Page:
[CES 2108] Netgear has just announced that it will feature the new Orbi Outdoor Satellite at CES 2018. As you can guess by its name, this is a product designed to be located outdoors, and it extends the home WiFi network to up to 2,500 square feet, says Netgear.

Of course, actual performance depends on the positioning of the devices relative to the Orbi Outdoor Satellite, but with a perfect line of sight, this should be achievable.

If you are unfamiliar with Netgear’s Orbi, it is a WiFi Mesh Networking kit that comes with several satellites. It works in a similar manner to the Samsung Connect Home mesh network we reviewed in November. Mesh networks act as a single network with one password, and devices hop onto the best connection dynamically. With old WiFi repeaters, this was just not possible or extremely unreliable. In some ways, Mesh WiFi work similarly to cellphone networks.

Orbi, like other mesh networks, has a private wireless network for the nodes or Satellites to communicate. That way, the regular WiFi traffic isn’t overcrowded by the inter-node data exchange. In fact, the private node-to-node speed can reach 1.733 Gbps, thanks to four 433 Mbps channels that can be used simultaneously. Communications with your WiFi devices can reach 400 Mbps for 2.5GHz WiFi and 866 Mbps for 5 GHz WiFi.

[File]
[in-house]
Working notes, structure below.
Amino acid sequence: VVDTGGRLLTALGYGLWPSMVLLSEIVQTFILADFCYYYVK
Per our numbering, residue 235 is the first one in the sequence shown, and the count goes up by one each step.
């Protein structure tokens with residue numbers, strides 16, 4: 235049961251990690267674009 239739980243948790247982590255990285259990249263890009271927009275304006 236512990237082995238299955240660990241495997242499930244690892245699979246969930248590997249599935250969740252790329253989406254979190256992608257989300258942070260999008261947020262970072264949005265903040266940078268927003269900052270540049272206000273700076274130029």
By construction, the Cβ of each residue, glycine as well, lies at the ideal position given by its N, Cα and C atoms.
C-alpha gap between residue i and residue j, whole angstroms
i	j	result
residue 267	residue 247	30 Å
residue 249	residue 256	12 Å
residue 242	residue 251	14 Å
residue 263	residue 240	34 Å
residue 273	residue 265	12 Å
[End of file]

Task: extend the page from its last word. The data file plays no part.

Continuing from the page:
The Orbi Outdoor Satellite will act like a regular Orbi node, except that it is designed to be outside. Its resistance to the elements include an IP56 rating which means that

  • IP5x: Prevents moderate amount of dust from entering but is not Dust tight
  • IPx6: Strong water jets (~12.5mm nozzle) won’t harm the device. 3mn test, 100L/mn at 100 kPa, 3 meters away. No water immersion.

You can check what other IP ratings there are, but IP56, it should be protected from rain, but not from immersion. That is the bottom-line. This device can also operate at -20C to 50C (-4F to 122F).

It has an ambient light control function, so if you place it strategically, it can serve as a night light for an entrance.

The Netgear Orbi Outdoor Satellite power source will need to be connected to a wall outlet. These WiFi routers are high-powered devices that can churn a lot of data, so you apparently can’t really power them with a 12V current which used for garden light.

Netgear Orbi Outdoor Satellite Extends WiFi Reach , original content from Ubergizmo. Read our Copyrights and terms of use.

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Netgear Recalls Arlo Outdoor Camera Power Adapters Due To Fire Hazard

Tyler Lee December 6, 2017

Netgear has a series of outdoor cameras for home security purposes, like the Arlo, Arlo Pro, and the Arlo Go. Unfortunately it seems that the power adapter that is used for these cameras is having issue, so much so that the company has issued a recall for them over the potential of a fire hazard.